[control-plane] Creating static Pod manifest for "kube-apiserver"
[control-plane] Creating static Pod manifest for "kube-controller-manager"
[control-plane] Creating static Pod manifest for "kube-scheduler"
[etcd] Creating static Pod manifest for local etcd in "/etc/kubernetes/manifests"
[wait-control-plane] Waiting for the kubelet to boot up the control plane as static Pods from directory "/etc/kubernetes/manifests". This can take up to 4m0s
[kubelet-check] Initial timeout of 40s passed.
[apiclient] All control plane components are healthy after 70.001862 seconds
[upload-config] Storing the configuration used in ConfigMap "kubeadm-config" in the "kube-system" Namespace
[kubelet] Creating a ConfigMap "kubelet-config-1.20" in namespace kube-system with the configuration for the kubelets in the cluster
[upload-certs] Skipping phase. Please see --upload-certs
[mark-control-plane] Marking the node k8s-master as control-plane by adding the labels "node-role.kubernetes.io/master=''" and "node-role.kubernetes.io/control-plane='' (deprecated)"
[mark-control-plane] Marking the node k8s-master as control-plane by adding the taints [node-role.kubernetes.io/master:NoSchedule]
[bootstrap-token] Using token: abcdef.0123456789abcdef
[bootstrap-token] Configuring bootstrap tokens, cluster-info ConfigMap, RBAC Roles
[bootstrap-token] configured RBAC rules to allow Node Bootstrap tokens to get nodes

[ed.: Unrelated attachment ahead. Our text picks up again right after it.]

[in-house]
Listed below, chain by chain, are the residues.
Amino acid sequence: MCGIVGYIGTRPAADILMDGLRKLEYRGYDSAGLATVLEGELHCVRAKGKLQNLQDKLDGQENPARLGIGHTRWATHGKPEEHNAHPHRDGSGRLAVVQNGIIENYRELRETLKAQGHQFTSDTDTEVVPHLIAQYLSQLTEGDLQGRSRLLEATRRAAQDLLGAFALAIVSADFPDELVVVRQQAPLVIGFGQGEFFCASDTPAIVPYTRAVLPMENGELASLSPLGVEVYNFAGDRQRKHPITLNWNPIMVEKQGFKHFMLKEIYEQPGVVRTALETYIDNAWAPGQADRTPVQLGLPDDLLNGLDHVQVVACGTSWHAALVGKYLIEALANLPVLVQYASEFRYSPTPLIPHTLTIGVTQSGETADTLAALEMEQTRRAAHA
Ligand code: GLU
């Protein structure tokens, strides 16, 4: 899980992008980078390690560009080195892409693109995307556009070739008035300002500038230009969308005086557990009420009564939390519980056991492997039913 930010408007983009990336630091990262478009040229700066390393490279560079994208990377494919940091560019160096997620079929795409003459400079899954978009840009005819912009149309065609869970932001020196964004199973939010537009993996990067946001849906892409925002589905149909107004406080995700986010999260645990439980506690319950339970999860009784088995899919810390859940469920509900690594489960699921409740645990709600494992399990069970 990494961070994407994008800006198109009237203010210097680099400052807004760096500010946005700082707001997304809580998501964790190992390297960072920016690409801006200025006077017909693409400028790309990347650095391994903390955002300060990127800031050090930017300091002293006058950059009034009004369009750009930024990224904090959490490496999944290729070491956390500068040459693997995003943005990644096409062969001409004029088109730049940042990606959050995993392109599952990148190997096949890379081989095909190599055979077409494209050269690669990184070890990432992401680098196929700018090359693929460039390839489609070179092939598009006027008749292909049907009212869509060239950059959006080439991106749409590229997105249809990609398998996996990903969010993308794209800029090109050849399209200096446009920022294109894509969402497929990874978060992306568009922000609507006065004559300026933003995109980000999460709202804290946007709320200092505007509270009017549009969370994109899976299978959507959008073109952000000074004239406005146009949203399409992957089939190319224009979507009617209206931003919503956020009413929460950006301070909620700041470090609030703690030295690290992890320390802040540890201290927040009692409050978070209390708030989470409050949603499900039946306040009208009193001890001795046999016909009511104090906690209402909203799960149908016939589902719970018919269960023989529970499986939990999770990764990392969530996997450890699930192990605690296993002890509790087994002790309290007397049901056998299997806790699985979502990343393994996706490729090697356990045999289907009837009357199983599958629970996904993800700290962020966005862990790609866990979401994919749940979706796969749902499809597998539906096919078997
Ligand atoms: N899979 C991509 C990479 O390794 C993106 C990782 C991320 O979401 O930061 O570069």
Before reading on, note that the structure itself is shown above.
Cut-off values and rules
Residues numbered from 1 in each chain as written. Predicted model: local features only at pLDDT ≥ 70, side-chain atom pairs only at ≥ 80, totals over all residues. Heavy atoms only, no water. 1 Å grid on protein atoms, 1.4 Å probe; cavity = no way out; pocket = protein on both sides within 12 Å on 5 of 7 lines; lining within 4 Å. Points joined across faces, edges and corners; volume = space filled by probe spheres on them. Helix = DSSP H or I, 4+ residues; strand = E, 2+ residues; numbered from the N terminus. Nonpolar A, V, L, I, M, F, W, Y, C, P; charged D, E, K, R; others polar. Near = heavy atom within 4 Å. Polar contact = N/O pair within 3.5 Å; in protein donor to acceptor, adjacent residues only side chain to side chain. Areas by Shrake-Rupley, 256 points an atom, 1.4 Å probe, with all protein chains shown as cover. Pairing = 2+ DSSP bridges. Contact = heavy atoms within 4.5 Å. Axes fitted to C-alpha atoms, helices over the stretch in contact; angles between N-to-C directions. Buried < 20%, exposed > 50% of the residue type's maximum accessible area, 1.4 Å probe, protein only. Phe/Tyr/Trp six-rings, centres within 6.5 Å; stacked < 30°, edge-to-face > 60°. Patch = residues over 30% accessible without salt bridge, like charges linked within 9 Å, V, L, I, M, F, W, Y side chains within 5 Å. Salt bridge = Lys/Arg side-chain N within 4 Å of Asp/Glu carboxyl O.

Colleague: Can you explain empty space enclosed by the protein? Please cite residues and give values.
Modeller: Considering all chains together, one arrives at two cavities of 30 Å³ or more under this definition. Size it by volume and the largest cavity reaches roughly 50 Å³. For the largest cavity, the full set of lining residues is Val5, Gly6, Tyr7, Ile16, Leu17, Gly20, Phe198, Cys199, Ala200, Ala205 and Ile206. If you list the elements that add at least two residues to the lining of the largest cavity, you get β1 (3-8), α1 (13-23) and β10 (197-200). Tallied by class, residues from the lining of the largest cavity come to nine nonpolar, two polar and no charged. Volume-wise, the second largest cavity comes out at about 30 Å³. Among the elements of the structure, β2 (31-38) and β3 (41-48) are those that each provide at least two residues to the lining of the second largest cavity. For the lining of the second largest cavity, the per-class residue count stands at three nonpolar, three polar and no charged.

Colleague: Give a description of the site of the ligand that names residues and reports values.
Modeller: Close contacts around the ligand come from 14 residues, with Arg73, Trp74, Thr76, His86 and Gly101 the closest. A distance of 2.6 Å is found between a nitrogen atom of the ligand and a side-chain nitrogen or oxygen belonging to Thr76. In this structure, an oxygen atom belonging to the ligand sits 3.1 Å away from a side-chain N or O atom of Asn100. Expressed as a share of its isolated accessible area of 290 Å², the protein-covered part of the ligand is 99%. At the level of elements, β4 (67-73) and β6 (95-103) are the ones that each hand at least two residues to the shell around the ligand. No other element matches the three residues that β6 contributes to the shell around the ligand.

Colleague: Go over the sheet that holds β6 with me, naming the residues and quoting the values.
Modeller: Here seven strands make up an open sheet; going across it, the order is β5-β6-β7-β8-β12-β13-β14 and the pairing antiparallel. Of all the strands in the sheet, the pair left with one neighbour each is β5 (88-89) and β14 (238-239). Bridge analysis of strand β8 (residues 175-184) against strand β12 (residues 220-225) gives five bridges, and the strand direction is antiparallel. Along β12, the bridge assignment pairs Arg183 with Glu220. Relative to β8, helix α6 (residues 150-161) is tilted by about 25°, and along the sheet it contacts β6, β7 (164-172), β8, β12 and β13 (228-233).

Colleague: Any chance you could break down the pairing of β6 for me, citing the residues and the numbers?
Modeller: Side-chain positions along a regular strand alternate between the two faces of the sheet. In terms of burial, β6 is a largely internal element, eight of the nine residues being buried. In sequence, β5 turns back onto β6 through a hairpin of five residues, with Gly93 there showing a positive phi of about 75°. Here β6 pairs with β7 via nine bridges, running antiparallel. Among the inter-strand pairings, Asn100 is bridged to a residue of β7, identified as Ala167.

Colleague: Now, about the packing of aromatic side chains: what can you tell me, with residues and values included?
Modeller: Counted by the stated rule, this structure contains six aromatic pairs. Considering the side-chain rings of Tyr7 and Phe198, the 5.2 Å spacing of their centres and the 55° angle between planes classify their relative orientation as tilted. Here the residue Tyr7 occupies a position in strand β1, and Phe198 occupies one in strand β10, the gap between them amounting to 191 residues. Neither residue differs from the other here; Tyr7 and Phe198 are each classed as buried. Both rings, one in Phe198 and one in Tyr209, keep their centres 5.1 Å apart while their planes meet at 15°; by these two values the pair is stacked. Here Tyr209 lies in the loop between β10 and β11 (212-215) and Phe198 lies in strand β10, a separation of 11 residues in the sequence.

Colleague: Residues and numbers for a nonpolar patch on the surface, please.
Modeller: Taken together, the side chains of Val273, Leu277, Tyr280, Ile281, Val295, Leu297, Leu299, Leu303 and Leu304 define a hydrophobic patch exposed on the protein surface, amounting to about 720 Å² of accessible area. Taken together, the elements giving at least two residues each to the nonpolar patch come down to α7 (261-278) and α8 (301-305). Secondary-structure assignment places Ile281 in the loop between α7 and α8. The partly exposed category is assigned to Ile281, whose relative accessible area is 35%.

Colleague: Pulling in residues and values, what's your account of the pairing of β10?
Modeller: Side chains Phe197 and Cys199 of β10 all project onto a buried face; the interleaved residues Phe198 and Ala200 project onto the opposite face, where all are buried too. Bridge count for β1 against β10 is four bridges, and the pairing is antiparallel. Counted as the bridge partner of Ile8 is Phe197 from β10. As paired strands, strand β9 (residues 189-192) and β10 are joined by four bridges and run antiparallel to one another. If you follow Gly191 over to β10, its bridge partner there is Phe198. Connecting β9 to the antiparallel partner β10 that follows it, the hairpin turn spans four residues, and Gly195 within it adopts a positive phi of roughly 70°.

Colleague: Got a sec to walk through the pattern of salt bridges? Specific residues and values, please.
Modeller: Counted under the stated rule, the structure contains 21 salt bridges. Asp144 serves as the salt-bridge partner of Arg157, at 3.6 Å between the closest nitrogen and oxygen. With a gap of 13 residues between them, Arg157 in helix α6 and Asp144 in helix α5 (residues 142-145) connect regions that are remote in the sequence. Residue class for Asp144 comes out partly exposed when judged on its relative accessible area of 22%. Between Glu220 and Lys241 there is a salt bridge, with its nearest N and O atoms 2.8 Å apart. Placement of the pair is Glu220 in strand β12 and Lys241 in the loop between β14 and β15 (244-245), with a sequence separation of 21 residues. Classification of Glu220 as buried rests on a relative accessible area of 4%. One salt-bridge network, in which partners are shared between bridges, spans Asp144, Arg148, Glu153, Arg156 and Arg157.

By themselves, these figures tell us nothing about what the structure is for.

[bootstrap-token] configured RBAC rules to allow Node Bootstrap tokens to post CSRs in order for nodes to get long term certificate credentials
[bootstrap-token] configured RBAC rules to allow the csrapprover controller automatically approve CSRs from a Node Bootstrap Token
[bootstrap-token] configured RBAC rules to allow certificate rotation for all node client certificates in the cluster
[bootstrap-token] Creating the "cluster-info" ConfigMap in the "kube-public" namespace
[kubelet-finalize] Updating "/etc/kubernetes/kubelet.conf" to point to a rotatable kubelet client certificate and key
[addons] Applied essential addon: CoreDNS
[addons] Applied essential addon: kube-proxy

Your Kubernetes control-plane has initialized successfully!

To start using your cluster, you need to run the following as a regular user:

  mkdir -p $HOME/.kube
  sudo cp -i /etc/kubernetes/admin.conf $HOME/.kube/config
  sudo chown $(id -u):$(id -g) $HOME/.kube/config

Alternatively, if you are the root user, you can run:

  export KUBECONFIG=/etc/kubernetes/admin.conf